On 28 November 2017 I reach Egypt in a rather unusual way. I hear from people involved in my passage from Marseille to Alexandria that boarding a container ship as a passenger would only happen in exceptional cases. And indeed, a lot of discussion, people and negotiations were involved in making this crossing possible. The reasons behind my wish to travel on a container ship are both of practical and sentimental value.
In fact, I believe the roots of those wishes reside in my teenage years, when, around the age of 12, Philippe Meert, current President of the BelgoEthiopian Association, sponsor of Bike with Diabetes, invited me to board a ship in the port of Antwerp, in Belgium. At the time, Philippe was Director of Reuse nv, a shipping company catering to the African market. Like any boy at that age, I was fascinated by big machines, bulldozers, cranes, trucks and the likes. Imagine what boarding a 200 meter-long ship transporting hundreds of containers meant to that curious boy! And what about the size of the engine we were visiting and the heat and chatter it was producing? The engine alone was probably the size of three bulldozers. That fact was enough to impress me. The visit probably didn’t last more than one hour, and that memory slowly faded, burying itself in deep corners of my subconscious.
A few years ago, when researching about travel across the USA, I came across quite an interesting alternative way of doing it: freight-hopping. That practice, nearly inexistent in Europe, is relic of gold rush, great depression and later hobo culture of the USA. It is still alive and there are several websites dedicated to that practice. The most interesting, in my opinion, is NorthbankFred, as it thoroughly covers and documents the movement. Here is a short video to give you an idea of what freight-hopping can be like: https://vimeo.com/254828076
My interest shifted to the crossing of the Atlantic and the Pacific oceans on container ships. I came across stories of travellers, but the price they had to pay was beyond my budget. Moreover, it was a big stretch to go from freight hopping for free to a 3.000+ € crossing. I asked Philippe what he thought about the idea and if he knew of any alternative way to organise such a journey. To my deception, he told me that the legislation around passenger traveling on such vessels evolved a lot in the last decades. Boarding a ship now involved a lot of paperwork and was hence becoming extremely complicated, even for family members of the crew. I dropped the idea and let it settle in a corner of my mind.
Yet, I realised that all those travel ideas were ways of avoiding me from confronting my biggest childhood dream: travelling across Africa. As you may imagine, Bike with Diabetes isn’t the kind of project that is easily pulled off, especially if you combine the chosen itinerary with the transportation mode and the needed logistics around the treatment of diabetes. After some hesitation and a lot of thought, I finally decided to go for it.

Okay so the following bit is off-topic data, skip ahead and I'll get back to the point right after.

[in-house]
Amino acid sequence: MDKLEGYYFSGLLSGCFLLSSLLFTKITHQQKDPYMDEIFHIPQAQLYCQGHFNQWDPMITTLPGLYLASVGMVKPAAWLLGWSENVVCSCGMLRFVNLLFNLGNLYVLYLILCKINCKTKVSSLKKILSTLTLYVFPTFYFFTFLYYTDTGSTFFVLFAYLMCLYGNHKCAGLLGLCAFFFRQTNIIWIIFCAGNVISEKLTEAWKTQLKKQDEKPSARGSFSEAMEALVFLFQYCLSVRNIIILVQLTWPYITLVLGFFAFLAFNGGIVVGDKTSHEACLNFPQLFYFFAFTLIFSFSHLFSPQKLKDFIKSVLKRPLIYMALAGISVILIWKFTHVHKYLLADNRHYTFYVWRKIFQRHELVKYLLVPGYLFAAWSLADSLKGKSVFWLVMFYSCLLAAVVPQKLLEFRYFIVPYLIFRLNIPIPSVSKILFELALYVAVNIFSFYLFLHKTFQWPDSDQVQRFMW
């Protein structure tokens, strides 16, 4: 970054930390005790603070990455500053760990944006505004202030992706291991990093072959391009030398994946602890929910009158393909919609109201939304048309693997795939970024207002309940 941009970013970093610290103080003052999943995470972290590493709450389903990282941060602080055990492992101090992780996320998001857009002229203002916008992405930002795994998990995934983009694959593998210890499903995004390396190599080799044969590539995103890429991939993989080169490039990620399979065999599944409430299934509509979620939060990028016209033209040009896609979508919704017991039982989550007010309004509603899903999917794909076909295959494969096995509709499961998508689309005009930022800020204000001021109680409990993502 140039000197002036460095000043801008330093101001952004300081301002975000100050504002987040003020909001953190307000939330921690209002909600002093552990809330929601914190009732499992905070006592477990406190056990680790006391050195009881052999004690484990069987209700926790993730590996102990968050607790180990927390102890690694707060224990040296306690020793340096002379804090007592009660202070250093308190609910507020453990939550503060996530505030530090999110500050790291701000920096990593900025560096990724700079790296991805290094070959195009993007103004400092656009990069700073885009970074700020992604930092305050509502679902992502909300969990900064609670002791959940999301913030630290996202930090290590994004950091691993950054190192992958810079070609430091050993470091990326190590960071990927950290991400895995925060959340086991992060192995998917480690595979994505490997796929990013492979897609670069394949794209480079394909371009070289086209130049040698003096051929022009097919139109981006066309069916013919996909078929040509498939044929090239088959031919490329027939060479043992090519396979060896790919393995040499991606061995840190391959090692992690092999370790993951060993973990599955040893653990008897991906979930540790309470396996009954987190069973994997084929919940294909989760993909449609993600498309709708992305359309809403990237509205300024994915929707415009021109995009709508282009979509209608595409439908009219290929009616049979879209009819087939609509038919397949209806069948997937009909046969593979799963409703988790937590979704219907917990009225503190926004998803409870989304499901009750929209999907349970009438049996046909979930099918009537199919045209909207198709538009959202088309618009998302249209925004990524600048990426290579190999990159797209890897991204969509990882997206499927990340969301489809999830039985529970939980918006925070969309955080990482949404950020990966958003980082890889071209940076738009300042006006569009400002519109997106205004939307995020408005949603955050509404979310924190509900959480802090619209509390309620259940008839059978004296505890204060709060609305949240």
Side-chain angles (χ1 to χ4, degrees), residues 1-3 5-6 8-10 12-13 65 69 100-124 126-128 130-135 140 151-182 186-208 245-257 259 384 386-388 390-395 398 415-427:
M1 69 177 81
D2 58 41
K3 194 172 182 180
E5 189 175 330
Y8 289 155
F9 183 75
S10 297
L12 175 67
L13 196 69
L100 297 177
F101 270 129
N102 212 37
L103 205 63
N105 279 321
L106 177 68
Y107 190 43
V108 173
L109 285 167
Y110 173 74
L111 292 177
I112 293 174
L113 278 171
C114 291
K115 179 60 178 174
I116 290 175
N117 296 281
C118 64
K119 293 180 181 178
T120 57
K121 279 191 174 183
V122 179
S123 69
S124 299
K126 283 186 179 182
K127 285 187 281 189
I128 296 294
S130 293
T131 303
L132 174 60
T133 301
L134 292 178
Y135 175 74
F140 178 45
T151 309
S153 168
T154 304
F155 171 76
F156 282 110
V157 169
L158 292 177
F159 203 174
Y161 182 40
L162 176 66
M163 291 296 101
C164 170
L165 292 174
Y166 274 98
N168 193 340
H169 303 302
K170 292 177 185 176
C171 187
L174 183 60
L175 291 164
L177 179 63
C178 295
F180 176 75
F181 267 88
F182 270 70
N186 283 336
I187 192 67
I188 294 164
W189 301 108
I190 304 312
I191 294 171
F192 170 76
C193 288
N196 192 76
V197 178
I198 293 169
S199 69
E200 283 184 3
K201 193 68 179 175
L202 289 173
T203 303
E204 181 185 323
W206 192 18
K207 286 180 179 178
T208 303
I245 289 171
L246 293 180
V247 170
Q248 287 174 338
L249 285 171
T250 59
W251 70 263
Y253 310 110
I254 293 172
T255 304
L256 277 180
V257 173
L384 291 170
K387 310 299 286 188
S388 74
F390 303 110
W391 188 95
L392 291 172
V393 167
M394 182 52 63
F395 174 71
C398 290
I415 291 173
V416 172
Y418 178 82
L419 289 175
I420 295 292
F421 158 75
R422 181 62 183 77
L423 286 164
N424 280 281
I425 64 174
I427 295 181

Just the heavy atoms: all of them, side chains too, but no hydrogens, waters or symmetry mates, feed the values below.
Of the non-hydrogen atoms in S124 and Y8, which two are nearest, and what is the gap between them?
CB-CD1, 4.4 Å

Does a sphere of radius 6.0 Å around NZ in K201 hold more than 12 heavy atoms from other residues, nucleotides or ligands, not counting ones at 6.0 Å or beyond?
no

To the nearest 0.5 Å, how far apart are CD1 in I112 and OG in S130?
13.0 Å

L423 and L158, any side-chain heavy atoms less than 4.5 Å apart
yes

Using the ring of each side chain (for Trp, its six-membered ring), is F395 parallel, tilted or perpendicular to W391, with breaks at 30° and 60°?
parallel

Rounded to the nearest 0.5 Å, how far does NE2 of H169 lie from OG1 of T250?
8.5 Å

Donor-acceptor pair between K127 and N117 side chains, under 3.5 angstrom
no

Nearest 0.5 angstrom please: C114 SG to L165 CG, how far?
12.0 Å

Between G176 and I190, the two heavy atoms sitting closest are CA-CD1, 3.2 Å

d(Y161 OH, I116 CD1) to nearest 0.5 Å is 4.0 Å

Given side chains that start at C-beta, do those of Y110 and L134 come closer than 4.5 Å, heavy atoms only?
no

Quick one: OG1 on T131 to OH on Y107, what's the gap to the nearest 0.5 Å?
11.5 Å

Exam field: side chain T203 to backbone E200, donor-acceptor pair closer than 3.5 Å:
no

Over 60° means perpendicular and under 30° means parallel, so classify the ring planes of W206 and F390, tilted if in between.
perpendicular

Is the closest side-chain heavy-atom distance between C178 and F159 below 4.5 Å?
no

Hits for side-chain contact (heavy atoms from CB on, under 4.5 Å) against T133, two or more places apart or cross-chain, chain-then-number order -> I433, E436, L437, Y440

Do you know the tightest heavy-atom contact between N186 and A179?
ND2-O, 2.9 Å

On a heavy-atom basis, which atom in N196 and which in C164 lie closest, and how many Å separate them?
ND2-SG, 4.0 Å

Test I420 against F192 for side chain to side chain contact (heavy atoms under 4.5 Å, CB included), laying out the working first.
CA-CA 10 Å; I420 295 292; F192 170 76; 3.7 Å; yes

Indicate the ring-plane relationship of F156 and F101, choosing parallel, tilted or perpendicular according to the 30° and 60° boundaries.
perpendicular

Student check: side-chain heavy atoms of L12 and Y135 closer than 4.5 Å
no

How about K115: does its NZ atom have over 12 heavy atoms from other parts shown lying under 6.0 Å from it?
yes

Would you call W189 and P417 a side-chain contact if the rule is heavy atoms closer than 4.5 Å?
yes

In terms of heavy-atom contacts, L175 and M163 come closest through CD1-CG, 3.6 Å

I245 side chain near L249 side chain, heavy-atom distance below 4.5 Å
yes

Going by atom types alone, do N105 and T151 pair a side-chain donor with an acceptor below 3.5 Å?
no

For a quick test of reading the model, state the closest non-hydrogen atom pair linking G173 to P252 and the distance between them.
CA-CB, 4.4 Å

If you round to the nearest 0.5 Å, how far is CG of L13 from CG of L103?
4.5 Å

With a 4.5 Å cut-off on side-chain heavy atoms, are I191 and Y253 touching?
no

As soon as I announced it to him, Philippe supported the project. Always to the point, his insight confronted me with very practical issues I might face both with the preparation as well as during the journey itself. This didn’t come as a surprise, given his experience in Africa and of traveling in general. He hiked across the Sahara desert in the 70’s !
At some point, while bringing the pieces together, the idea of sailing on a container ship resurfaced as:
1. I had decided to take the East African route to reach Cape Town;
2. the political situation in the Middle East prevented me from reaching Egypt by land;
3. I wanted to avoid taking a plane to transport my bicycle, as this, often, results in material damages;
4. the whole project being out of the ordinary, why not go the full monty?
Philippe suggested me to contact the new director of Reuse who replaced him when he retired to see if he could help me find a ship to sail on. This is how, about a year before leaving Brussels on my bicycle, I met with Tomas Steppe in Antwerp. I exposed the project to him and, as he liked the goals and the message behind Bike with Diabetes, he promised to do what he could to help. That said, the final outcome would depend on other actors who would need to collaborate to make my wish come true.
Luckily, Reuse is part of an extensive network of partners which allows her to always bring a logistical solution to her customers. Among those partners, there is Transcausse, a company based in Marseille and whose director, Xavier Lassalle, agreed to contact a Turkish ship owner, ARKAS Holding, which they represent in Marseille, to ask if they would accept to let me embark on one of their ships on the « Marseille – Alexandria » route.
A few weeks before reaching Marseille, I was put in contact with Hélène Lambert, from Transcausse, who was in charge of my file. Hélène went out of her way to adapt to a very unusual procedure and collected all the needed documents, making it possible for me to board on Gisele A, one of the ARKAS ships. A few days before reaching Marseille, she put me in contact with AFCC, a company that provides administrative support, acting as a liaison between the shipping company, the ship owner, and the port authorities.
It is hence through the collaboration and the intervention of many people that this journey was made possible. I will never thank them enough!
2 thoughts on “Gisele A #1 – Why and How did I get on a Container Ship ?”
Heureuse année cher Arthur ! Je te souhaite « bon vélo » à travers le Soudan et de belles rencontres !
Tes enregistrements sonores reçus via mon collègue Arnaud sont très chouettes, merci.
Reçois mes amicales salutations